To Be or Not To Be a School Psychologist
Have you ever found yourself at a cocktail party, getting that polite routine question of, ‘What do you do for a living?’ and being tempted to answer, ‘Oh, I am at the service of special education law. I’m a compliance officer. I’m a testing machine. I am at the beck and call of everyone’. But instead, you smile sweetly and answer, “I’m a school psychologist’.
Have you ever questioned your sanity for choosing the profession of school psychology in moments of sleep deprived despair with ‘This is it! I can’t take this anymore. I’m going to sell tea. Or kayaks’. Or you simply doubt whether you are indeed fit for this job, because how is it that after all you do, after all the sacrifices, parents still yell at you at IEP’s, kids still get expelled despite hours of counseling and behavior interventions, teachers still don’t seem to understand that not every child should be in special education, and administrators still try to tell you what your job really should be.
And yet you continue to give it your all, pressing and plodding along one stressful day after another and tackling each day with renewed drive, energy and passion. No, it cannot possibly be for the money, or the prestige, or a masochistic desire to punish yourself (and those around you) for the rest of your working life. If money and feeding the ego does not do it for you, then what is it.
Perhaps, just perhaps, you stay in this business because being a school psychologist is so much more than a job. It is your calling. Yes, that cliched, esoteric thing – a calling. It is that thing that compels you to stay the course and do your work with continued passion, grit and determination. That thing that drives this deep commitment with an intense desire to make a difference in your chosen path, with a clear vision about where you want to go. A journey with meaning and purpose.
You alone know what your purpose is, and what brings you meaning within the context of your calling. The source for eliciting those things from your job is actually quite simple: it is you. It is the person you are, intrinsically motivated and guided by your chosen value system. It is you who determine how you approach every aspect of your work life and what you bring, with humility, to the table. It is how you carry yourself, how you communicate, how you do your work.
What keeps fueling your calling and keeps you on track, is seeing the fruit of your efforts in everything you touch and the impact you have on others. The returns are intrinsic to every situation you find yourself in. The affirmation that you are on your path is evident in the way others respond to you. Ironically, you might find yourself in a better position to negotiate matters on your terms and take better control over your tasks. And your, ‘No, I can’t do this, or that’, might just more readily be met with an,’ Ok, I understand’. In short, you discover that in actual fact, you alone might just be the master of your schedule, and no one else. You will discover a new lightness to your work life.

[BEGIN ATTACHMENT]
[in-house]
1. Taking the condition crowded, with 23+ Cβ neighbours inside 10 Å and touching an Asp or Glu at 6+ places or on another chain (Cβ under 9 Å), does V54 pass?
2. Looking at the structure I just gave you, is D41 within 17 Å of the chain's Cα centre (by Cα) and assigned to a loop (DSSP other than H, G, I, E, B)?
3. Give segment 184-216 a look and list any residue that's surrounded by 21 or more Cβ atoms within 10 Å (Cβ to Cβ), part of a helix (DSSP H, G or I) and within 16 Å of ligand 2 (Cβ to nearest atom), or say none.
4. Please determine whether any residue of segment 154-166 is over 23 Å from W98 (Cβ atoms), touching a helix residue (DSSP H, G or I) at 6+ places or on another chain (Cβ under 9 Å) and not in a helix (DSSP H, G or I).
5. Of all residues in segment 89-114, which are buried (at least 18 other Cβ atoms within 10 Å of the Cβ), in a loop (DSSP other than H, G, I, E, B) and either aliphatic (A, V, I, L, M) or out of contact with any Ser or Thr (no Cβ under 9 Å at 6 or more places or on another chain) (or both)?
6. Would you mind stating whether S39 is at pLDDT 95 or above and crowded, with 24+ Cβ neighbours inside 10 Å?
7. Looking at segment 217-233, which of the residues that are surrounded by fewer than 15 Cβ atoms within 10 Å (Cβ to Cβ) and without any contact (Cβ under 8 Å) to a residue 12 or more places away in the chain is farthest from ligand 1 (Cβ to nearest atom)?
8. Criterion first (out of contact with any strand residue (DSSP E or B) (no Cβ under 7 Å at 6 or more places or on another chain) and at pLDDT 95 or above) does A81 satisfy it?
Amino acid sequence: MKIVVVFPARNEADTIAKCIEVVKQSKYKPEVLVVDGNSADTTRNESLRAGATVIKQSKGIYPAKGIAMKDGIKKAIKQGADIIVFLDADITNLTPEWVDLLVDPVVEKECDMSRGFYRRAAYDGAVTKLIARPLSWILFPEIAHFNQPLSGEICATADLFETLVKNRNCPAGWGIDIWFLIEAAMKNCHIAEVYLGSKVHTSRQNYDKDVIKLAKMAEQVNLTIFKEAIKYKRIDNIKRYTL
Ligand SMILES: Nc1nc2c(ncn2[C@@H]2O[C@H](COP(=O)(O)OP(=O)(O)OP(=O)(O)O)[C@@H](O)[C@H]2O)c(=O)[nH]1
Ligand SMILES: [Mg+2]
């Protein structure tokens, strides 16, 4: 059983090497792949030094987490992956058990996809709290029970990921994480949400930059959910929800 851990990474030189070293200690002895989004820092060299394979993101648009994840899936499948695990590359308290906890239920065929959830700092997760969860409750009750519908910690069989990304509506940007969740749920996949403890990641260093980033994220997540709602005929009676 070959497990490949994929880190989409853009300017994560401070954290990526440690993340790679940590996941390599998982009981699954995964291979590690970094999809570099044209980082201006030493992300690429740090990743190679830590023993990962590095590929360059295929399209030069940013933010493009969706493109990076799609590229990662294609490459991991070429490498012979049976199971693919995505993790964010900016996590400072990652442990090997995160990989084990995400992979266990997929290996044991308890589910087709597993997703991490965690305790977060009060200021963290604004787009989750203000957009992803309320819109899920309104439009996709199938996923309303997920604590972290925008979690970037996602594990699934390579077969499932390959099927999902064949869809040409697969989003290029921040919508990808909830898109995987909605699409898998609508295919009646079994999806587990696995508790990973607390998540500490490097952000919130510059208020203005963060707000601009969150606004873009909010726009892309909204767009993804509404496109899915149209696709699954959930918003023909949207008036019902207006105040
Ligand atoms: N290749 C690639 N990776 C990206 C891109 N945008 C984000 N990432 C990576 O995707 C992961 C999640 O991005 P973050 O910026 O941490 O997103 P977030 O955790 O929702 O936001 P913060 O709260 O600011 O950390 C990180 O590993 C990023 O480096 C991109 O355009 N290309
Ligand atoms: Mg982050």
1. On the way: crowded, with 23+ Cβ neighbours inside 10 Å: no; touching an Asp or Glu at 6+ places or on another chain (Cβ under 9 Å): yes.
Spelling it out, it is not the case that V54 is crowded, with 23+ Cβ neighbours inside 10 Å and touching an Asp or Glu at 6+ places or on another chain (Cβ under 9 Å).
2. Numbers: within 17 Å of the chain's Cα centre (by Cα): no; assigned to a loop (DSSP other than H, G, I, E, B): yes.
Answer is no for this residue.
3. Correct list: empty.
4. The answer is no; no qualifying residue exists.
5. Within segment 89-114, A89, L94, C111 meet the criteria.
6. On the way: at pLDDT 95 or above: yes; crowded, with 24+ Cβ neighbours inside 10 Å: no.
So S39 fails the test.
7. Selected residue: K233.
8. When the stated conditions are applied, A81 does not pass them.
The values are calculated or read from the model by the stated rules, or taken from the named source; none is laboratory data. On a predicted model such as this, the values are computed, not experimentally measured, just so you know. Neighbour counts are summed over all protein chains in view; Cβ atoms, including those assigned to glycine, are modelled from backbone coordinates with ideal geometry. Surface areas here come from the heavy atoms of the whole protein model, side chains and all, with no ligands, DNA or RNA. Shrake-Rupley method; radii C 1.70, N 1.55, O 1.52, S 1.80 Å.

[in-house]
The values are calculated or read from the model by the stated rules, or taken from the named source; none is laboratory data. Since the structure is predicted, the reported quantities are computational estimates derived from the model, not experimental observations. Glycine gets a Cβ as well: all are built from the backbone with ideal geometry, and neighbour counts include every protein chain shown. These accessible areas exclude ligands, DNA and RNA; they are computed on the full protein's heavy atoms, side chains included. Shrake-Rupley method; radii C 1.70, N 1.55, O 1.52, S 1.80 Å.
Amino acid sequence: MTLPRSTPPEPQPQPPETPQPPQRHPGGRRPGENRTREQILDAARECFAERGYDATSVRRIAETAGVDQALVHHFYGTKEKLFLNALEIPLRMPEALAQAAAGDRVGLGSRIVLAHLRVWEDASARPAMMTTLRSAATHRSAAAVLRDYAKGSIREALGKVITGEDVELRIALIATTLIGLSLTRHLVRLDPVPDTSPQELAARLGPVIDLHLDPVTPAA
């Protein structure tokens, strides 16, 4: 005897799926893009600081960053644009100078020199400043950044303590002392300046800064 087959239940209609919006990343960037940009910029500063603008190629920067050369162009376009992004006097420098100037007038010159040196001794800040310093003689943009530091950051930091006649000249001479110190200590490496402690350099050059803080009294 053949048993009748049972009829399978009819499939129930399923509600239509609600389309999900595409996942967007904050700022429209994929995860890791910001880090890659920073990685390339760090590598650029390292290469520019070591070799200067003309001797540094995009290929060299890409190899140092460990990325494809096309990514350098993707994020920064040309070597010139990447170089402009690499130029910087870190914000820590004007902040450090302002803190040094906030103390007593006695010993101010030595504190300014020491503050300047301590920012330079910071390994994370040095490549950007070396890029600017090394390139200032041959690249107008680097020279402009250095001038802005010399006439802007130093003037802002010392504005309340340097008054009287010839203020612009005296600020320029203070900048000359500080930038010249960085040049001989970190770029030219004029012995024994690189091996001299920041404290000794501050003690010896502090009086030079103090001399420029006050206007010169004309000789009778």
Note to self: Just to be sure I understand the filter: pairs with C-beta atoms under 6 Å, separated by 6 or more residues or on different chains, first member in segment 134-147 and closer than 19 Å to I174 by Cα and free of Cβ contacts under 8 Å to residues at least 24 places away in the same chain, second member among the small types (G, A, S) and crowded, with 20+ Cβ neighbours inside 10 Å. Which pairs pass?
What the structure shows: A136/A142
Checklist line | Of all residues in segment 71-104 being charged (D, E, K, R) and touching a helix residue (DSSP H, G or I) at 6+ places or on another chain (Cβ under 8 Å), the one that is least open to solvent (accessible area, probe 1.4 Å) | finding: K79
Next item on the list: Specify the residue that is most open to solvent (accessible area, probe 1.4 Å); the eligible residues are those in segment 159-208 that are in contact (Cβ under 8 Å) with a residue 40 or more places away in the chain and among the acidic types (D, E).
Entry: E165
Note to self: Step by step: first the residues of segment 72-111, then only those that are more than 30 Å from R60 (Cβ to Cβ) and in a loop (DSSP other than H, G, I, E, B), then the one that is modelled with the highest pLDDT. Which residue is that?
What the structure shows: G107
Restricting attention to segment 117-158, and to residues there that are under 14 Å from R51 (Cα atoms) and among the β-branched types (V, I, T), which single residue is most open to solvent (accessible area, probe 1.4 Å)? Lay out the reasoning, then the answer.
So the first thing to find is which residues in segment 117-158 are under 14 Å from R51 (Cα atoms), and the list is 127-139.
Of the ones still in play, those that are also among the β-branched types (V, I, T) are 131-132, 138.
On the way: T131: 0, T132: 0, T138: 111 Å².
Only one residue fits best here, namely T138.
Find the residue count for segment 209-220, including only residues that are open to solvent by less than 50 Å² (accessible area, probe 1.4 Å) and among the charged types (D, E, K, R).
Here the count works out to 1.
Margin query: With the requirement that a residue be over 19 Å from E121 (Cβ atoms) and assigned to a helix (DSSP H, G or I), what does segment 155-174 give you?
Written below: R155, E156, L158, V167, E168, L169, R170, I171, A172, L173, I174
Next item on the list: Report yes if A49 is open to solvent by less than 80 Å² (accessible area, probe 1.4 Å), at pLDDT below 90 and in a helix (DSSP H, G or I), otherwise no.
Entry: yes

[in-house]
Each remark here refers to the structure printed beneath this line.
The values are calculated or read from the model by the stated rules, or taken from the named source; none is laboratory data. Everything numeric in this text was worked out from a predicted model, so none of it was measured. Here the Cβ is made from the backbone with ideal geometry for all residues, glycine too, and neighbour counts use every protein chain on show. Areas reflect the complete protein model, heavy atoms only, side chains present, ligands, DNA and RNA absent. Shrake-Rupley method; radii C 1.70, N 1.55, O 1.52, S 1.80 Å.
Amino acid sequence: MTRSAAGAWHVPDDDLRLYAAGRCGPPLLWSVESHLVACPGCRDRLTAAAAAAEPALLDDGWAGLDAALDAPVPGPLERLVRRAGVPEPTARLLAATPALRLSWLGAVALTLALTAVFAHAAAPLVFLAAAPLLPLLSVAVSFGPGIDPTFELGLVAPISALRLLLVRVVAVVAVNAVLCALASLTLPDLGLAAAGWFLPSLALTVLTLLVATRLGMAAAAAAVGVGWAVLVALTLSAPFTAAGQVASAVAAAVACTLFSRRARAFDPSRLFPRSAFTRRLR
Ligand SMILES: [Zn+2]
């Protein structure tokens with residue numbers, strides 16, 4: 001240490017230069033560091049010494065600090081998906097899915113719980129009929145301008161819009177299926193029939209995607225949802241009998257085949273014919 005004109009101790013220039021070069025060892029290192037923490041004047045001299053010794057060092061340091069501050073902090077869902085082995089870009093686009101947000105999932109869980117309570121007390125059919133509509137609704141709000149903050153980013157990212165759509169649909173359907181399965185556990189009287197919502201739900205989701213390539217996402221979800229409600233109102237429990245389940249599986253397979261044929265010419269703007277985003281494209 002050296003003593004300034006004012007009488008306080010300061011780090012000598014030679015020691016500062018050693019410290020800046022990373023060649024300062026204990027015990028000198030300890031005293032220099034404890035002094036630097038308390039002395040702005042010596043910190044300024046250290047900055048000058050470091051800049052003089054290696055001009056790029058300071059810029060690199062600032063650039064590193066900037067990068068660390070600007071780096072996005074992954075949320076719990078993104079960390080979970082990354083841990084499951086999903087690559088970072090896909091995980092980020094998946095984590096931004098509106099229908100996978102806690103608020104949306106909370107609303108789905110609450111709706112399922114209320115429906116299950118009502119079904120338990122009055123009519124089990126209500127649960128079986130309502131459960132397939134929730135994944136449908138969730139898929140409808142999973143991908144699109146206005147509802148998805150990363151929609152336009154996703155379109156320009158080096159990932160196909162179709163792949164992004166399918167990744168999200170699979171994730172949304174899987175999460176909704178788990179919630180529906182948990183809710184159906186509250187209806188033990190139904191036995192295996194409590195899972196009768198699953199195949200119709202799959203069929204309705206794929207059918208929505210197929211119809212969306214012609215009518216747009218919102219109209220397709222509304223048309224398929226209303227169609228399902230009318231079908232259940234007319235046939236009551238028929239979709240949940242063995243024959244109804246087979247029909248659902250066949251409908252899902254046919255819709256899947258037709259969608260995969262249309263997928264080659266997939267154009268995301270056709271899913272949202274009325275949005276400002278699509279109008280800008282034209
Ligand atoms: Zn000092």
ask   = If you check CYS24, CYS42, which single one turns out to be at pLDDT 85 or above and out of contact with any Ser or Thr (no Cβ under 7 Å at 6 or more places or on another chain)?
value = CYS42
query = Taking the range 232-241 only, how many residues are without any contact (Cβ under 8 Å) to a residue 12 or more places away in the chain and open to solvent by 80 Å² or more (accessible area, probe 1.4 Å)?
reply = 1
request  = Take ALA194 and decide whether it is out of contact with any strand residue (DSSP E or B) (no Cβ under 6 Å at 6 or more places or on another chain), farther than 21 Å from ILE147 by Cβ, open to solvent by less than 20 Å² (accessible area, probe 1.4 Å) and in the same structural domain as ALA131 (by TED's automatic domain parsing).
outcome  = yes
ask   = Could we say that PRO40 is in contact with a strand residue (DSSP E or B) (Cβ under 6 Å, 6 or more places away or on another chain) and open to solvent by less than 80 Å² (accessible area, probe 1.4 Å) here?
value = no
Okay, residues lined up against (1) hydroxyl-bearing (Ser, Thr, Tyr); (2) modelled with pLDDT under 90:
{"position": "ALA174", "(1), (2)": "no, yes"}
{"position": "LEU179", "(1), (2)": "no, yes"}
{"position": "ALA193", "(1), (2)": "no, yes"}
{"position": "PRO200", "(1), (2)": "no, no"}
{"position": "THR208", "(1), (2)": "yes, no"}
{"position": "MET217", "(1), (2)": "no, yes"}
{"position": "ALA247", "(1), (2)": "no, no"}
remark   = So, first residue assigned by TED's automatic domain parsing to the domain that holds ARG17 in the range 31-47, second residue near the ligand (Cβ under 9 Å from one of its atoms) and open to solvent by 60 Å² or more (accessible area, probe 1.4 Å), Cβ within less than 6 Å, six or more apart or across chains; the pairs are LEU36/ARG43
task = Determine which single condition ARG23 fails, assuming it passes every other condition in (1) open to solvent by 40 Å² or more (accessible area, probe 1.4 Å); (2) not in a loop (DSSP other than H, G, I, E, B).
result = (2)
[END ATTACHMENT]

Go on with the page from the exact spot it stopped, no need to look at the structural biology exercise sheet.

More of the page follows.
It does take effort. Navigating yourself around others is somewhat of an art, but also easy if it comes from within. Guard your integrity and trustworthiness at all times. Be that very accessible and safe person who embodies kindness, compassion and empathy under all circumstances (even to those you don’t like, or who don’t like you). Be the one that is non-judgmental and opens herself up to really hear and see others. Be the one who gets to know the teachers, the parents, the administrators. The one who builds relationship and makes herself available. And no, best not to be the one who always looks so very important, so very busy and inaccessible. And no, also not the one who constantly needs to remind everyone, ‘I’m not getting paid for this’.
Be that example in how you approach and treat students. Make sure you see them, really see them. That they as human beings do not disappear in the whirlpool of paperwork, legally mandated activities, your busy-ness, meetings, and meetings. That they are not just another case. At the essence of your calling to school psychology is that each and every child that comes on your path deserves the best possible moment with you. Every interaction you have with a child matters and has an impact, however salient. No matter how busy you are, when a child is in your company, he/she needs to have your undivided attention, feel unconditionally accepted, and be in the safest possible emotional environment where they can let their guard down and give you their best, be it during testing, counseling, or whatever the situation might be. And walk away from you, feeling good about themselves. And hoping for another opportunity to be around you.
On the side, but essential to your wellbeing and staying the course, is your tribe. Your means to self-care and sustenance in this business. Your fellow school psychologists. Your trusted friends who just happen to be equipped with therapeutic know-how. Your safe haven where you refuel, encourage and be encouraged, energize and be energized. These are the people who confirm and reassure you that you are where you belong. You are a school psychologist.
In the end, you yourself are the very instrument in your success as a serving school psychologist with a calling. You are the only one in the position of infusing meaning and passion into your daily walk and craft it according to your parameters, which includes staying in control. Allow the challenges of your profession to shape you, mold you, make you stronger and build an impenetrable resiliency. You are a change agent in the world by the very definition of your chosen career.
Licensed Educational Psychologist
I have been a school psychologist for 21 years and also have a private practice.